On the Thin Ice of Order
Catalogue essay by Abbas Daneshvari, PhD
Babak Golkar’s series Grounds for Standing and Understanding (2012) is visually stunning and philosophically provocative. For, behind the serene and beautiful façades of these works are often allusions to the labyrinthine spaces of the human mind in search of stability and order within the universal sea of flux and chaos. Grounds for Standing and Understanding contradicts and dismisses the idealism of metaphysics just as Golkar’sParergon series (2011) rejects the notion of value as absolute and inherent in each and every object and expression. These works establish a system of anti-idealist predicates by asserting that metaphysics is an idea but not a practical, real mechanism. The points raised by Golkar are also raised by Derrida in his deconstruction of Heidegger’s metaphysics where every ground is no more than a trace and “that the trace is neither a ground nor a foundation, nor an origin…”1 While this work is many things within the various hermeneutical structures, here in this essay, Grounds for Standing and Understanding is viewed as a work of profound deconstruction for it, through a play of signs, reverses the hierarchical structures of order and flux; meaning and meaninglessness.
Grounds for Standing and Understanding is an amalgamation of purely white architectonic structures placed upon the colourful designs of Persian carpets. The visual character of these elements is striking as they combine simplicity and complexity, stillness and vibrancy, both in colour and design. The contrast between the purity of the structures, their monumental presences, the towering up of their architectural forms, and the flat, colourful and culturally iconic images of the carpets, is quite inviting. Hidden within these aesthetically pleasing designs are the grafting of the modern and traditional, of the pure and the complex. However, the modern, presented as the purely white and seemingly unadulterated architecture, is nevertheless an offspring and an extension of the old and the traditional. This is a point that Golkar’s imagery openly suggests when the geometry of the buildings is often extensions of the geometric designs of the carpets. In fact, in a vein similar to the philosophical thinking of the late twentieth century, Golkar, through various simulations of carpets’ designs, repeatedly communicates that the purity of the modern is never originary and always derivative; that all purity is the offspring of far more complexity than it dares to admit. Here, we cannot help but think of how the ‘new’ stands upon the shoulders of the ‘old,’ hiding its debts to its complex and labyrinthine past. In fact, this point is essentially present in Grounds for Standing and Understanding, as the suggested distances of time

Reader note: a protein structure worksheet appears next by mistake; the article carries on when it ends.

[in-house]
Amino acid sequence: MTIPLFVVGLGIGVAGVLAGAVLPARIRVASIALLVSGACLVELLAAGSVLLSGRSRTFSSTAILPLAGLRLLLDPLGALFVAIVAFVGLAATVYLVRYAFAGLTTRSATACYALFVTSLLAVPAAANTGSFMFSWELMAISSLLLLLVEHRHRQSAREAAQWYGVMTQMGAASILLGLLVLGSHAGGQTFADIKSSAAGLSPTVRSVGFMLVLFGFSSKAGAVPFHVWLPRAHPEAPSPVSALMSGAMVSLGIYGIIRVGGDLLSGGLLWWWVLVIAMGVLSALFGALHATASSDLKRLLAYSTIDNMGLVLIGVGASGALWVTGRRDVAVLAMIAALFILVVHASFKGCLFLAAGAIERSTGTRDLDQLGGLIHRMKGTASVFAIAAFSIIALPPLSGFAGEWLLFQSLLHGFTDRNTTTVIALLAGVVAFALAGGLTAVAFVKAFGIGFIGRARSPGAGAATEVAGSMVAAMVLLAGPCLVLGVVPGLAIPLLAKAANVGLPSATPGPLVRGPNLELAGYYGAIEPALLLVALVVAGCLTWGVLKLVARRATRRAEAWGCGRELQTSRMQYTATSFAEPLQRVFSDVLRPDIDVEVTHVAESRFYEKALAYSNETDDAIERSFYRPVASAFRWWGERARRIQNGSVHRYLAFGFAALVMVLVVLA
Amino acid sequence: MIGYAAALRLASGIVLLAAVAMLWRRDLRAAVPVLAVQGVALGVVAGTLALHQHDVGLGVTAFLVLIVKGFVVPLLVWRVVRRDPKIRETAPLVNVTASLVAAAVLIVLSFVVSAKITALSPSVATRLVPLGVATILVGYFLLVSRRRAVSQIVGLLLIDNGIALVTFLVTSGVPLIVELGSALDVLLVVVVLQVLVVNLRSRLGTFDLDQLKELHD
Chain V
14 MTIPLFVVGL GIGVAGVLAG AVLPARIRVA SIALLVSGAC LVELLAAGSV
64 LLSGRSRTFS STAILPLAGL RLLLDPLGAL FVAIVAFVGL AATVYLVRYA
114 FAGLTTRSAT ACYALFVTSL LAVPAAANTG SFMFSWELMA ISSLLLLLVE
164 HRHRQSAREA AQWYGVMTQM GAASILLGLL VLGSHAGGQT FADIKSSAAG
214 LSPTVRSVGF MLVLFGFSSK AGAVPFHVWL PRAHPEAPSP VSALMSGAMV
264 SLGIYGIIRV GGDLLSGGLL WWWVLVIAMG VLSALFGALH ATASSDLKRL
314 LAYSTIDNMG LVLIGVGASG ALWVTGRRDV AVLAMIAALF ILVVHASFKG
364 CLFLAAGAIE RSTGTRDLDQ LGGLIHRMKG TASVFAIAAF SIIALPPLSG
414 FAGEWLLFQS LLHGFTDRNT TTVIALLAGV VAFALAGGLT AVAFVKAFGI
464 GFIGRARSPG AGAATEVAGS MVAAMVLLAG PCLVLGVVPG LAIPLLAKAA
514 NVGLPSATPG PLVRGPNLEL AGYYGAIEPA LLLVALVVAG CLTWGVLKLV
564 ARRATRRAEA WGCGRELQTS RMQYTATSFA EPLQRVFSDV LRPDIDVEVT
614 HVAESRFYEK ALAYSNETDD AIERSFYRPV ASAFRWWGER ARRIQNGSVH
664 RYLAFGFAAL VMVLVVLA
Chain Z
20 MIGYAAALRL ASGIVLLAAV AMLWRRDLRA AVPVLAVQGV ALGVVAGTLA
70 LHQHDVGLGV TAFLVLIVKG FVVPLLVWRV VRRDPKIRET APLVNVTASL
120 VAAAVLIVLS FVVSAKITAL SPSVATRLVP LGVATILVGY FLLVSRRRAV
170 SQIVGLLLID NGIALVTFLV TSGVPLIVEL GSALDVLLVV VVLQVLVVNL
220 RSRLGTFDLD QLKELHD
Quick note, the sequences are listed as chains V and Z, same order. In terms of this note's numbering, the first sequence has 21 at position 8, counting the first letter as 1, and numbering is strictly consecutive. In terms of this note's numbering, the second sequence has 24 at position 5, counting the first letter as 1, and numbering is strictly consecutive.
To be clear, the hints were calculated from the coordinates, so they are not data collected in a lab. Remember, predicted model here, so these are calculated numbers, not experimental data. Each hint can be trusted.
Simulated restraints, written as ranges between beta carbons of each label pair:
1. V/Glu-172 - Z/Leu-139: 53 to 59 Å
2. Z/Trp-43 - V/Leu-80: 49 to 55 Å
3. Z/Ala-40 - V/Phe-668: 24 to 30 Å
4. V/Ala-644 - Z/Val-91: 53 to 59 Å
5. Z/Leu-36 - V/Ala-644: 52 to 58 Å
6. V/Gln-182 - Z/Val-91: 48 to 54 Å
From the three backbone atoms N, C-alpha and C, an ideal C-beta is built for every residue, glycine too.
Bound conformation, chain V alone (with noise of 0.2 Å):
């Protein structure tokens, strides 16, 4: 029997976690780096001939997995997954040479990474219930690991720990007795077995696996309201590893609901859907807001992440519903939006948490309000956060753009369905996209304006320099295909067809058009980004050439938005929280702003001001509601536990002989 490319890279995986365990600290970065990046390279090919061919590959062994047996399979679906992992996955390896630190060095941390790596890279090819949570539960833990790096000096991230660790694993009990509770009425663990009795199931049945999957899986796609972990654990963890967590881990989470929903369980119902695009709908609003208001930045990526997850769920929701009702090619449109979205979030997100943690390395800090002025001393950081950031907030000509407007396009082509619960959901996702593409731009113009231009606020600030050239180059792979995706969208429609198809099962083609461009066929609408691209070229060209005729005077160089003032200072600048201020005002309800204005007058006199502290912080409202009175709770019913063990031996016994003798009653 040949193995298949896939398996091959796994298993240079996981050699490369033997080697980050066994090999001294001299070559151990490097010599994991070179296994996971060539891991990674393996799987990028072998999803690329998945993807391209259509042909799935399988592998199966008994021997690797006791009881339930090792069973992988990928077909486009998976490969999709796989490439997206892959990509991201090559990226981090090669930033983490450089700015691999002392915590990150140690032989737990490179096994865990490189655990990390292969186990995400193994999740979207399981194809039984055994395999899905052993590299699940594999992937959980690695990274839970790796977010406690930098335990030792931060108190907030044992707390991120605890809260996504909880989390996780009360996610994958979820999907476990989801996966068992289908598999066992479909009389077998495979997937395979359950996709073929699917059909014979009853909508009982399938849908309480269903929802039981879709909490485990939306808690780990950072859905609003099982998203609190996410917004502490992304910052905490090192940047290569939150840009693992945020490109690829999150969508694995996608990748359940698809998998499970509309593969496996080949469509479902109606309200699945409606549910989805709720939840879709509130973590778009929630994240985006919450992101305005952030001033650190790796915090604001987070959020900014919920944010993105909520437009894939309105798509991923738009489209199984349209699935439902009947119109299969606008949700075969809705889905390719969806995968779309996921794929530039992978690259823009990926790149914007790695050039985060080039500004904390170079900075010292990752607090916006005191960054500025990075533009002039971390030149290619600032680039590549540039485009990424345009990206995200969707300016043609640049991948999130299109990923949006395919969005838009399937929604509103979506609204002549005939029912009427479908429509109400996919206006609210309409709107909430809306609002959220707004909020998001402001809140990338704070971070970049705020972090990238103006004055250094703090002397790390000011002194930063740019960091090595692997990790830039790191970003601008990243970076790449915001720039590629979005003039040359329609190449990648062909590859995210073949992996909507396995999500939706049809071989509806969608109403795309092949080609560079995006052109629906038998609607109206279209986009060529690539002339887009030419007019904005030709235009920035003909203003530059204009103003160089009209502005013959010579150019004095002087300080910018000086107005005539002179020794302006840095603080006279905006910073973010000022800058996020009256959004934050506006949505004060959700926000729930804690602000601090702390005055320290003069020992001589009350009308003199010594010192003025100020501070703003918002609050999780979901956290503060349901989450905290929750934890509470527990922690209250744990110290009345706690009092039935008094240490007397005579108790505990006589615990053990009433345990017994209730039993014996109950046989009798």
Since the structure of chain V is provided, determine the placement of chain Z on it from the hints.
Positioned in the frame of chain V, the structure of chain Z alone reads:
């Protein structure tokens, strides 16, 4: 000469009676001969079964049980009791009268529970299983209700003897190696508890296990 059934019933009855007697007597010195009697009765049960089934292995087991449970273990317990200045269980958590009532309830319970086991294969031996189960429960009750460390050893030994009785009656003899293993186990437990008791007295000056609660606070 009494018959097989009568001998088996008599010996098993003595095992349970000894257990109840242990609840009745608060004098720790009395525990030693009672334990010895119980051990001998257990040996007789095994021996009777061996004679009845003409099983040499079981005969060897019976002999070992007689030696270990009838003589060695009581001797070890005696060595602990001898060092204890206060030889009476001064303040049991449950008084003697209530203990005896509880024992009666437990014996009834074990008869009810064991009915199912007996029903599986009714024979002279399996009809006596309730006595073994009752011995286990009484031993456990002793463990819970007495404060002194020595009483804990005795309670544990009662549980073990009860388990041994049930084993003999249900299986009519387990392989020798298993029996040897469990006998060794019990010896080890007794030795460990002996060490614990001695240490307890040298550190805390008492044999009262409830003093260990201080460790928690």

shown through the two designs of the old and new synchronically evoke the motif of heterogeneity, and diachronically allude to the homogeneity that is inherent in the process of becoming and in the affirmation of the one as many and the many as one.2 Aesthetically speaking, the carpet designs also assume a new kind of elegance when coupled with such unaffected modernism. These carpets embody a vibrant liveliness, a kind of Mondrianesque Broadway Boogie Woogie (1942–1943), which serve as the ground for the taller and seemingly central presences.
However, aesthetics aside, the most interesting and philosophically suggestive aspect of these works are Golkar’s play on the concepts of ‘inside’ and ‘outside.’ Ostensibly, a carpet belongs to the inside of a building and is a supplement to the structure. The carpet’s role, therefore, is purely decorative and marginal, while the structure is privileged and plays the essential facet in this binary arrangement.3
Of course, the title of the work provides clues to its philosophical allusions. But, even if it were untitled, we may still have arrived at its philosophically charged perspectives through an analysis of the reversal of the inside and outside. This hierarchical reversal of the inside-out and outside-in, logically and practically, disrupts the standing scheme of relations and, at least in one regard, suggests that essence is more likely to be posited where it is seemingly not deserving of assignation. For here, a carpet, a mundane cultural object, has become the ground for the world of men, wherein the world itself is symbolized by the signs of man’s towering constructions and urbanism. The choice of the carpet as the ground is most appropriate for it is not bound, as are the buildings, by the logic of necessity or by the demands of physical laws. Given that necessity often redraws the map of subjective expression, the carpet, as a purely decorative object, is far better suited to reflect the inter-subjective conditions of a culture’s outlooks.
In this new scheme of relations established by Golkar’s reversal, the old forms are assigned new meanings and new roles. The carpet, for example, as a decorative and dispensable item has now turned essential identifying the ground of meaning and existence. Derrida calls this grafting of new meanings upon old forms a double practice, or paleonymics. One significant feature of paleonymics is that it allows for new ways of seeing and communication.4 So what is to come of this double practice and of this paleonymics?